https://www.facebook.com/postartlibrary/posts/10158582857304355

Summer Reading Art Challenge

It’s time for the Post Art Library Summer Reading Art Challenge (SRAC)! This year, the theme for summer reading is Tails & Tales. In keeping with that theme, the prompt for SRAC 2021 is:

“Tell Your Tale with Art! What’s the story of you?!”

You may pick up your artboard and entry form from any public service desk within the library. Entries will be accepted for three categories: Adult (ages 18+), Teen (entering 6th-12th grades), and Kids (birth-5th grade). Entries must be returned to any public service desk within the library by 5pm on Sunday, July 31, 2021.

All SRAC 2021 entries will be exhibited in the Genealogy, Local History, and Post Reading Room wing inside the library from August 14-September 25, 2021. People’s Choice ballots for each category will be collected in the library during the exhibit. People’s Choice winners will be announced on October 1, 2021 and those winners will receive a prize when they pick up their artwork.

Participation is FREE and open to the public. A library card is NOT necessary. SRAC is an annual art challenge and show meant to encourage exploration of the visual arts through creating art based on Missouri’s state-wide theme for summer reading. For more information, contact Jill at 417-623-7953 x1041.

Art Exhibit: The ABCs of Folklore and Slang

The ABCs of Folklore and Slang, an exhibit featuring 26 linocuts by artist Deby Gilley, is open now through Sunday, May 30, 2021 in The Bramlage and Willcoxon Foundation Gallery located off of our main lobby.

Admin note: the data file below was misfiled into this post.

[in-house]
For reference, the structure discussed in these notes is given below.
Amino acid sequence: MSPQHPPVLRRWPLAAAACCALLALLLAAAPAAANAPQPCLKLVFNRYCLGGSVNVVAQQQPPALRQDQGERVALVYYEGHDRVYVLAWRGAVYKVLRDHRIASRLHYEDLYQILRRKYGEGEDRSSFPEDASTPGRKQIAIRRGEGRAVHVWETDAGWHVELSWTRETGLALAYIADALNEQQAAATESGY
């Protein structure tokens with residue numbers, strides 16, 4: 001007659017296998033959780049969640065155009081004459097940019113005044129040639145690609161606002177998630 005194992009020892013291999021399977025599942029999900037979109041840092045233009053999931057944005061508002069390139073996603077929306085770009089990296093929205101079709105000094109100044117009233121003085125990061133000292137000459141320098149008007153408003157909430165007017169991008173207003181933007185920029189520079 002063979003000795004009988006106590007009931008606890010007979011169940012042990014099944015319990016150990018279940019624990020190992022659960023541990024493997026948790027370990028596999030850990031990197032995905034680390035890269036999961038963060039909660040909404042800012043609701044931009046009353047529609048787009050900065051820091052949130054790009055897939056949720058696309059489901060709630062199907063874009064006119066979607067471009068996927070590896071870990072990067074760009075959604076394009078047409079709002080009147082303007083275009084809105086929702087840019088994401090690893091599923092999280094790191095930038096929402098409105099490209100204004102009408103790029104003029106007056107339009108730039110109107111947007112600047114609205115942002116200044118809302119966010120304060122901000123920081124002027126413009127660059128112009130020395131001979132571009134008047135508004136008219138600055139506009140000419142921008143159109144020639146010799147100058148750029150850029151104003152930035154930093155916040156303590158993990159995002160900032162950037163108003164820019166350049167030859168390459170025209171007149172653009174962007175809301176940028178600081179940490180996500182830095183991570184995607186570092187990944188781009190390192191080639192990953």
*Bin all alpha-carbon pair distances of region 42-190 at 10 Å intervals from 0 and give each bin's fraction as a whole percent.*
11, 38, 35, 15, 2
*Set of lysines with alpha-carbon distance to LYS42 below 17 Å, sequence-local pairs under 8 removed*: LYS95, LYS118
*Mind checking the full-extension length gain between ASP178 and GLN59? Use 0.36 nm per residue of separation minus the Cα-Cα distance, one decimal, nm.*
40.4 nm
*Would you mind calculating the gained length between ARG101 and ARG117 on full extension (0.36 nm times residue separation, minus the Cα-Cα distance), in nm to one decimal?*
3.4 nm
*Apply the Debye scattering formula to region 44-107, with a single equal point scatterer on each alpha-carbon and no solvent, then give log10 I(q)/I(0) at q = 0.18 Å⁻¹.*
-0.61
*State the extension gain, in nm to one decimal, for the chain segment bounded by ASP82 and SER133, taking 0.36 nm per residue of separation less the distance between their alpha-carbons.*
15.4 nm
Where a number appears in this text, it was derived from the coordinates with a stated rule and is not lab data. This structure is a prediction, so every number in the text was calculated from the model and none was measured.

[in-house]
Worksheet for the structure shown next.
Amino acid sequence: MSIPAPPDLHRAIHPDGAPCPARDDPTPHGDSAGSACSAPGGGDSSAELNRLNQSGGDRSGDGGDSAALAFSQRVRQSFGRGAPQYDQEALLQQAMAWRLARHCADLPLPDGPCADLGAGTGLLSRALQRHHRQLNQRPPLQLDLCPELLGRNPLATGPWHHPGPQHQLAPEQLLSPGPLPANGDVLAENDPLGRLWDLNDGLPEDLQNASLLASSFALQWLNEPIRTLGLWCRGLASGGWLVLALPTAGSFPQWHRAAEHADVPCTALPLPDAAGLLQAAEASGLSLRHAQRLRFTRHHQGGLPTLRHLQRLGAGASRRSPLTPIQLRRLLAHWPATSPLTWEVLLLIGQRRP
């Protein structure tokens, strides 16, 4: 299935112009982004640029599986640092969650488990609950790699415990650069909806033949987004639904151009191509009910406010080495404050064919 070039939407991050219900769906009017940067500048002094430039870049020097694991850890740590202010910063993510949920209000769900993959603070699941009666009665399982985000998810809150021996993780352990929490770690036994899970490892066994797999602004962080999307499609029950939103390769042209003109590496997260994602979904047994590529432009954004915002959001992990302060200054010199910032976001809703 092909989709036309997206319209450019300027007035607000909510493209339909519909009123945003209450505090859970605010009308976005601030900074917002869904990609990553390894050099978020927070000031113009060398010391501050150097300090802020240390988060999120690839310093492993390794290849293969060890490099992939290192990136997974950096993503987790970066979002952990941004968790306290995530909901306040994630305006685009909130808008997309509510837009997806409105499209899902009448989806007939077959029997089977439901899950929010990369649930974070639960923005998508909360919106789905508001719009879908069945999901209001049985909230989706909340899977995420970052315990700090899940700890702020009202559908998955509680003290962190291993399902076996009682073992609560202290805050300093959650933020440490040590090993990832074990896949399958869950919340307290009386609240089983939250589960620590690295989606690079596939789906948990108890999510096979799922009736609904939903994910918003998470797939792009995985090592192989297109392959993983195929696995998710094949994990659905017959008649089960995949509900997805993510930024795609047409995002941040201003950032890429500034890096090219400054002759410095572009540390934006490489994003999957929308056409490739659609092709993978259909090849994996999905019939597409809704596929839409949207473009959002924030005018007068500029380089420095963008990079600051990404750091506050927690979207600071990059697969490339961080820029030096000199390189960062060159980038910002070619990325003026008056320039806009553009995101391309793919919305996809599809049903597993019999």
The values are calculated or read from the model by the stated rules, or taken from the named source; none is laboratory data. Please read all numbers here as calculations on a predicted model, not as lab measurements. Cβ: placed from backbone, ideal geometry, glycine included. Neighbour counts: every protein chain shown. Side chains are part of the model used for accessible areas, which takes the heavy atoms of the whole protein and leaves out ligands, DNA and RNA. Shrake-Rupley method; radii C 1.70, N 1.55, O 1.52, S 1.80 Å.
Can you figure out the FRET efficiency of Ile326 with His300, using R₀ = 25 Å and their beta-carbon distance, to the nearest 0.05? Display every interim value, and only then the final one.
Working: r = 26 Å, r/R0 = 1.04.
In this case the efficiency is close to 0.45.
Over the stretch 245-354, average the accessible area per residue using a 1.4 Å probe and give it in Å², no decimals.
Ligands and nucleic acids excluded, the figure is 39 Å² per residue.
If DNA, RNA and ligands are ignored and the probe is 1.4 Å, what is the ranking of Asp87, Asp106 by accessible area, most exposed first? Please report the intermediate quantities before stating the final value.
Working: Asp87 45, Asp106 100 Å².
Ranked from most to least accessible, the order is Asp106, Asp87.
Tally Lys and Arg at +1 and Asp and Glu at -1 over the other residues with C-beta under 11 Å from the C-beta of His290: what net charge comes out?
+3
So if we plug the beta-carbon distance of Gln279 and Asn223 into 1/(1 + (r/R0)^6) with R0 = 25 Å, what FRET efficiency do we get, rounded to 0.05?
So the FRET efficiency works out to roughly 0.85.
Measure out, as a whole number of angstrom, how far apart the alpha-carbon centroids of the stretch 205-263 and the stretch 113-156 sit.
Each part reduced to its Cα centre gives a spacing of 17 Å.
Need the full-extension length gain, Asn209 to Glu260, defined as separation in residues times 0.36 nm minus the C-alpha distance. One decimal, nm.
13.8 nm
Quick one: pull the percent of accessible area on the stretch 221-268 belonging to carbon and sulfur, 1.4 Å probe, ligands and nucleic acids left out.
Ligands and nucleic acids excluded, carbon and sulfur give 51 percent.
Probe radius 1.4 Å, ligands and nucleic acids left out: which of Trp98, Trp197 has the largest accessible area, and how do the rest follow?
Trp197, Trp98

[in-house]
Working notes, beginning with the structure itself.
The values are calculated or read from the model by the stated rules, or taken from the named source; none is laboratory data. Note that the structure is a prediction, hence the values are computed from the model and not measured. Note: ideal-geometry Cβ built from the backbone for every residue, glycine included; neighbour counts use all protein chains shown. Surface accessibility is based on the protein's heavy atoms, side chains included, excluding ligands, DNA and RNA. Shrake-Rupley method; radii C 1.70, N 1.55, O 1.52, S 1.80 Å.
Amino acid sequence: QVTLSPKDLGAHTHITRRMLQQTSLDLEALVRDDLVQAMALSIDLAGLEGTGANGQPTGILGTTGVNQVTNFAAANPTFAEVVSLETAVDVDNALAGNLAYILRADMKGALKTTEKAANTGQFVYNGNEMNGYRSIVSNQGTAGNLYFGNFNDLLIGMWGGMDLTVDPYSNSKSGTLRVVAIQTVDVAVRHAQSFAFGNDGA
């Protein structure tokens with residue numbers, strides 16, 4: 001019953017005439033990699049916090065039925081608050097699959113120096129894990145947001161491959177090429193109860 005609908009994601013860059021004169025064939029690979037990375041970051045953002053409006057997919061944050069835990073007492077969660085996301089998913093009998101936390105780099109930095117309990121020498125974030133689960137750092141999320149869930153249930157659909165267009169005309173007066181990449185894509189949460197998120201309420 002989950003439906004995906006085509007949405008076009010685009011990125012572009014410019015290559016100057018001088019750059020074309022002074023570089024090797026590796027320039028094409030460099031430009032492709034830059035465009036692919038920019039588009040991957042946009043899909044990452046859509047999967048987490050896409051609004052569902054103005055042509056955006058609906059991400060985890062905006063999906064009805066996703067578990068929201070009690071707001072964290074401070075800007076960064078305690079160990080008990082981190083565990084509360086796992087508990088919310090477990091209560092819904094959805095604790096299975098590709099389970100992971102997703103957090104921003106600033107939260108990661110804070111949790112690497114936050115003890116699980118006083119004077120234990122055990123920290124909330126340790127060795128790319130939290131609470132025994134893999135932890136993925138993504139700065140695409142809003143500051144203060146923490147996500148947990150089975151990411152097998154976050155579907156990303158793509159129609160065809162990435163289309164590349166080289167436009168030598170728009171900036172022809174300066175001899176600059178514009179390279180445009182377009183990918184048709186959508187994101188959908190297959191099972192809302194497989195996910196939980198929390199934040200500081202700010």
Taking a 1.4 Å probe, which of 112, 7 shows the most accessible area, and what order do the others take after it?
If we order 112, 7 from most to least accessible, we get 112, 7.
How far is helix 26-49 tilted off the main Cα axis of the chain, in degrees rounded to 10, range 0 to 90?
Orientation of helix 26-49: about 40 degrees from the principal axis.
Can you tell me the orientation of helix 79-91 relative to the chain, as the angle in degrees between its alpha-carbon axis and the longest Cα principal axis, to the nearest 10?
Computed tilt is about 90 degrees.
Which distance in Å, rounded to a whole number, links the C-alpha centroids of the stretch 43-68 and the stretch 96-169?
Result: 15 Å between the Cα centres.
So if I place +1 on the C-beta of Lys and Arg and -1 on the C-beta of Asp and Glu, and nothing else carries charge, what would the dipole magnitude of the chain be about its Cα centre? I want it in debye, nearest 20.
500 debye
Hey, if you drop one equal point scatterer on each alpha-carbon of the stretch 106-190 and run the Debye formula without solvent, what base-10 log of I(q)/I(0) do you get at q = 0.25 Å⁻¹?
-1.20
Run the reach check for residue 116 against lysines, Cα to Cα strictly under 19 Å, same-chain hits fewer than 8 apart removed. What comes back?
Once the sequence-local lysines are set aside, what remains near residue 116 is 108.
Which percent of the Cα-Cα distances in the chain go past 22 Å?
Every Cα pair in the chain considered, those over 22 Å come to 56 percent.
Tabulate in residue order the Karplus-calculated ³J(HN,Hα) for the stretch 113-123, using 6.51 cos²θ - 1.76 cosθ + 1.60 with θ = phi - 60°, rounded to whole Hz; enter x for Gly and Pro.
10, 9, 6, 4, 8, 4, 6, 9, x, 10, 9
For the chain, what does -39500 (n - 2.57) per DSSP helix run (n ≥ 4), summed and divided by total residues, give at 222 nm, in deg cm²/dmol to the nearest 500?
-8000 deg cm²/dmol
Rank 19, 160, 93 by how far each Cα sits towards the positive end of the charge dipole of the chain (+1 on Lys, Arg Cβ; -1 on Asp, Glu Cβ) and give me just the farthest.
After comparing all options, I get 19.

Inspired by positive feedback about the titles she gives her works, this series is based on an alphabetical sequence of key letters of the words within the titles. Gilley created these works, which reflect an Ozark heritage, using the relief-printmaking process.

“I am hopeful that my chosen images and titles offers a new and refreshing experience to the use of the slang and familiar sayings. Some of the images are people and animals that I know very well,” said Gilley.

Her book, The ABCs of Folklore and Slang Told in 26 Linocuts, was released in 2020. For more information, contact Post Art Library director Jill Sullivan at 417-623-7953 x1041 or jhsullivan@postartlibrary.org.

Art in the library is curated by Post Art Library, a 501c3 not-for-profit arts organization located inside Joplin Public Library.

A Pair of Comics–Classics and Cats

Long Story Short: 100 Classic Books in Three Panels by Lisa Brown